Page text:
Qantas Airways has denied the allegations of slot hoarding put bu Chief Executive Officer of Sydney Airport, Geoff Culbert. It says that Sydney Airport is frustrated over less revenue generation.
Qantas : Slot Hoarding at Sydney Airport?
Sydney International Airport Chief Executive Officer Geoff Culbert has put allegations on Qantas and Virgin Australia of holding more slots at the airport to block competitors like Rex Airlines and newly started Bonza from using the airport properly.
The Airport CEO accused both airlines to using more than required slots. He pointed out that major airlines are hoarding more slots on routes between Sydney to Canberra and Melbourne, which other Low-Cost Airlines could easily use.
If one looks at June traffic numbers, Sydney to Melbourne route has recovered 84 percent of pre-COVID capacity, while Sydney to Canberra is behind at 64% only. Last month, the cancellation rate for flights on the Sydney to Melbourne route was 8.4%. The cancellation was 9.2% on Sydney to Canberra route.
What Qantas has to say?
Both Virgin Australia and Qantas have repeatedly denied allegations and instead, turned the blame on the Airport authorities themselves.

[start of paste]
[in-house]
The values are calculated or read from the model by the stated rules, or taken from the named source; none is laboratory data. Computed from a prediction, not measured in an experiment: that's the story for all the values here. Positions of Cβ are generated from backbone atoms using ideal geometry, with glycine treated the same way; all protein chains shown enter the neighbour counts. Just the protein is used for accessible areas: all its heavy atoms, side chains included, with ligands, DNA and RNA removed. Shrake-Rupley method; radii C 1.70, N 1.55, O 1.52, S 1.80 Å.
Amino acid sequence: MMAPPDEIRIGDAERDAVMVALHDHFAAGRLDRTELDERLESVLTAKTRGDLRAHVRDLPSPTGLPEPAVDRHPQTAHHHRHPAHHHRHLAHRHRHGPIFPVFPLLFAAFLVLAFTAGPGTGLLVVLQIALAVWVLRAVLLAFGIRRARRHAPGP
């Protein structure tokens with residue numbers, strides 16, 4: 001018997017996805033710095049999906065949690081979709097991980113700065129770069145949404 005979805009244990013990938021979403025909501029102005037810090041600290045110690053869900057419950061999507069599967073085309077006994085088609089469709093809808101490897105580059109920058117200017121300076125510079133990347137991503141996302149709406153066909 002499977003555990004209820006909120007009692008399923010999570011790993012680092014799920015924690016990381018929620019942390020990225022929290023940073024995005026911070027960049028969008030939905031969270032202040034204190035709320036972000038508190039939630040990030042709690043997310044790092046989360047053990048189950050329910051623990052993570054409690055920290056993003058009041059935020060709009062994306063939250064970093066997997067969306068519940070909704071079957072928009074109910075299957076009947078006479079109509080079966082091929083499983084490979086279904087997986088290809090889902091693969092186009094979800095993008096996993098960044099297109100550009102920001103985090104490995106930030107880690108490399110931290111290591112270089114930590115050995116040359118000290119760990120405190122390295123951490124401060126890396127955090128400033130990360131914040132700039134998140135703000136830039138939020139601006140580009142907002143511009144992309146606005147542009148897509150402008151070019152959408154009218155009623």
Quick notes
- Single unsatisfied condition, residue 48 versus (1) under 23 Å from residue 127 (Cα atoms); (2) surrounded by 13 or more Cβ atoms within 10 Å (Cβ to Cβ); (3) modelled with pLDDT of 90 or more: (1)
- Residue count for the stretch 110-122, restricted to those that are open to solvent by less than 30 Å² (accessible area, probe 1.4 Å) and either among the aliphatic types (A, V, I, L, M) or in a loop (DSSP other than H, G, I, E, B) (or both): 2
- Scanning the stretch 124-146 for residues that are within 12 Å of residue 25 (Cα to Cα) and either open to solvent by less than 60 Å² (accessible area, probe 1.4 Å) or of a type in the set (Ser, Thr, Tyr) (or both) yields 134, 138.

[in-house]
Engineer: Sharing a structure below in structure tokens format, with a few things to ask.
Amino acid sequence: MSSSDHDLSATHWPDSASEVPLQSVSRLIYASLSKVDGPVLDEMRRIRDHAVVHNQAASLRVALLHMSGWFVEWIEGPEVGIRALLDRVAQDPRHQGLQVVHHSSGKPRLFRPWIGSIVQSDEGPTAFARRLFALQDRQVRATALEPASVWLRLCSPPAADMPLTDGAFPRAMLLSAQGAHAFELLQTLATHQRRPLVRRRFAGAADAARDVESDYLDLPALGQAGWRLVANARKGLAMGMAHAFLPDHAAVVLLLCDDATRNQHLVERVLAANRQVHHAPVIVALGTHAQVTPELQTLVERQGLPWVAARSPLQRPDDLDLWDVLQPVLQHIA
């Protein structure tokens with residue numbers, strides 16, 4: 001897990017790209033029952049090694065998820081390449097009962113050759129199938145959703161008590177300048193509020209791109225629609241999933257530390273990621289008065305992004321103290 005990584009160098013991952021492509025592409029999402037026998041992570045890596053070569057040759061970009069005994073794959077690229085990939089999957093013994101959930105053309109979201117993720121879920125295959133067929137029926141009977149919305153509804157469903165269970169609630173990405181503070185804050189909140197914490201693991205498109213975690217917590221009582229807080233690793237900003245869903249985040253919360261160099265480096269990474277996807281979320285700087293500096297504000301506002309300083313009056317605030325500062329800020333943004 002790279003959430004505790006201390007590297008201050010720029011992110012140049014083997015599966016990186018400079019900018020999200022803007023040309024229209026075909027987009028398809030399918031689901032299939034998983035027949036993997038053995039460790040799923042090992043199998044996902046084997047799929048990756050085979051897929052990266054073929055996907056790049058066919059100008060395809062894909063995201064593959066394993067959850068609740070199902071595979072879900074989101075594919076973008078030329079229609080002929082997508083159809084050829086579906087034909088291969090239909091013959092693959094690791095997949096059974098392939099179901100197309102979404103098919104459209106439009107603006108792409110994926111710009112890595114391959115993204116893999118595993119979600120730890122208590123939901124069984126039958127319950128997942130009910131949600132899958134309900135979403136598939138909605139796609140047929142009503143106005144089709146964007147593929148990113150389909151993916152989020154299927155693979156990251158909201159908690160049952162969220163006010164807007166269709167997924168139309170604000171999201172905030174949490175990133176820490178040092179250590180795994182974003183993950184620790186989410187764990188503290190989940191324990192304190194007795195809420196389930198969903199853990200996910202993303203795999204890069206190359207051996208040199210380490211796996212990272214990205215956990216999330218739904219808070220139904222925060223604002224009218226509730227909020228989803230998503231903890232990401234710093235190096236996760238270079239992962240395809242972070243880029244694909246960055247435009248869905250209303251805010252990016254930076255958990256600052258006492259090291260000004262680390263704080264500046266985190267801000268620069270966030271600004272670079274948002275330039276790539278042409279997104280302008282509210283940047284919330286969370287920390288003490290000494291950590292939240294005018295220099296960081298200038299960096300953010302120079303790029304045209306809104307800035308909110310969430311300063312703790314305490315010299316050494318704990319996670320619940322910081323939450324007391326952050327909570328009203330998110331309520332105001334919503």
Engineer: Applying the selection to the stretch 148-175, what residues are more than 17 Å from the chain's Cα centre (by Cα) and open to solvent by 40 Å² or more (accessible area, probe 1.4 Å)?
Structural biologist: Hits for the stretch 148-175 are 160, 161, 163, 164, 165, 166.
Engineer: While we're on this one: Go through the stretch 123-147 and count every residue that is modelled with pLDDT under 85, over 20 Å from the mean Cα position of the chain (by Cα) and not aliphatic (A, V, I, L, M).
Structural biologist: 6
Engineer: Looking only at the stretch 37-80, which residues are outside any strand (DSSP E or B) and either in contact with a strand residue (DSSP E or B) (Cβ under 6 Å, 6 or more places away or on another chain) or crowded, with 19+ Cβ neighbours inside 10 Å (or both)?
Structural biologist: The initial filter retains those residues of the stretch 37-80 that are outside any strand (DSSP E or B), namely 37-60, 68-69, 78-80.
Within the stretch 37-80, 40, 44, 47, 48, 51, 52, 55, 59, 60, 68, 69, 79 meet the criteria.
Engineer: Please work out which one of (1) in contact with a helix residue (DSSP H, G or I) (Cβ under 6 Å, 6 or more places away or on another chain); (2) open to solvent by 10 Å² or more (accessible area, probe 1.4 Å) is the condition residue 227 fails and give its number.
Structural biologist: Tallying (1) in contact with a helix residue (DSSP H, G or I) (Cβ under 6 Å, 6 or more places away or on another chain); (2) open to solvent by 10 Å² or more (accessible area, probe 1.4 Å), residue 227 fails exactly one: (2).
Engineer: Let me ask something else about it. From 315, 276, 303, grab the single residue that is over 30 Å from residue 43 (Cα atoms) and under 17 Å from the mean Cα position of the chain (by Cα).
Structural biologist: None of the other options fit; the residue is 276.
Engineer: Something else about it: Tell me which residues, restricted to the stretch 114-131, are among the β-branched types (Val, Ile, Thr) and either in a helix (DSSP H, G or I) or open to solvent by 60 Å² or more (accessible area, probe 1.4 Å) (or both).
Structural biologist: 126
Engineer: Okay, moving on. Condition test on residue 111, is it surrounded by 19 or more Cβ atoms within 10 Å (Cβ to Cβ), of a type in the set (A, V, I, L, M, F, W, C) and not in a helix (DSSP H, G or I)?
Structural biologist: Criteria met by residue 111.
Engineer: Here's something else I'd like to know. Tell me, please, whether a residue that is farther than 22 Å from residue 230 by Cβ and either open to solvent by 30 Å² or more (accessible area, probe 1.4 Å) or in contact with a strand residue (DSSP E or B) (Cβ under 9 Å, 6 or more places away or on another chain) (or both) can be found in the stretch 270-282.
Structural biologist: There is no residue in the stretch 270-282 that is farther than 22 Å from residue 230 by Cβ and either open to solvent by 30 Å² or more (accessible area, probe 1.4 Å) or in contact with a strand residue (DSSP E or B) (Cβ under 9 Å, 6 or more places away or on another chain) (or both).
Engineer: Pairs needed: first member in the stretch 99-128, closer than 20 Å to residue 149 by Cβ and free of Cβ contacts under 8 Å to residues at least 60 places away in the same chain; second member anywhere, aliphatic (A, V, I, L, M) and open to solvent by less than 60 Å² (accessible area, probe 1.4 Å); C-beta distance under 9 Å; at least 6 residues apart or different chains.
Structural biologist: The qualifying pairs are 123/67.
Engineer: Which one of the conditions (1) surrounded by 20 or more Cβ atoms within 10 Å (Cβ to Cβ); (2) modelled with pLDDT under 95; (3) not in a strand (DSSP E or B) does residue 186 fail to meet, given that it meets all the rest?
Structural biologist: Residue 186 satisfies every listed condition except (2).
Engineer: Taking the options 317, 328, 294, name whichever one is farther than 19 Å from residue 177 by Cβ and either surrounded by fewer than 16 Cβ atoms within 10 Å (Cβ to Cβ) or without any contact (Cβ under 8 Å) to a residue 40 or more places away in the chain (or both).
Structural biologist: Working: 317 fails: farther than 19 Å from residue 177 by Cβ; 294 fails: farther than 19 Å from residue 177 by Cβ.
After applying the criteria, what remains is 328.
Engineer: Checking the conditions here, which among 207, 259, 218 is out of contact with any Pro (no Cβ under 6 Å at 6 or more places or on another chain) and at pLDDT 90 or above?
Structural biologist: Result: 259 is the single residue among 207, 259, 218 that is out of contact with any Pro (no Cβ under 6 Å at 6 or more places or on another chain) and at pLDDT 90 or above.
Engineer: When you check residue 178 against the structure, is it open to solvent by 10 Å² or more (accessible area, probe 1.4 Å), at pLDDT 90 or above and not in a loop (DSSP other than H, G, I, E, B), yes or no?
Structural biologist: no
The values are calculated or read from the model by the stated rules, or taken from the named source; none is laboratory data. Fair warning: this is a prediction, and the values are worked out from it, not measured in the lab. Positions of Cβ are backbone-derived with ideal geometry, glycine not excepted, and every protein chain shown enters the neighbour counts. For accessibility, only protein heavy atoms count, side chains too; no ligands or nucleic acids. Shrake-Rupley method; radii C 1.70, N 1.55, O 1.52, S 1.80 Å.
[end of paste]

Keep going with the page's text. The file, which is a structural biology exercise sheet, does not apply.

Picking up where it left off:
Qantas Airways stated that the Airport authorities are frustrated with having less revenue and want to establish their own system to unlock more revenue streams.
In a statement, Chief Executive Officer of Qantas Domestic, Andrew David said that there is some misdirected frustration from Sydney Airport because they want the airport system to be different so that they can unlock more revenue. Unlocking more revenue is understandable but why demonising the biggest customer?
David also dismissed Culbert’s claims that the airport wanted to allocate more slots to international airlines to foster competition.
The airline signified that international passengers helps driving airport revenue, as they spend money on retail, food, and beverages at the terminal.
Qantas CEO has also expressed a preference for working collaboratively with Sydney Airport over slot issues. He emphasized the need for slot system reform to address weather-related delays, which impact all carriers’ efficiency.
Next year, the Australian Federal Government will release an aviation whitepaper. A key point of interest will be the examination of the current capacity of 80 flights per hour at Sydney Airport. This makes it difficult to manage any disruptions.
What do you think about this allegation war between Airport and Airlines? Tell us in the comments.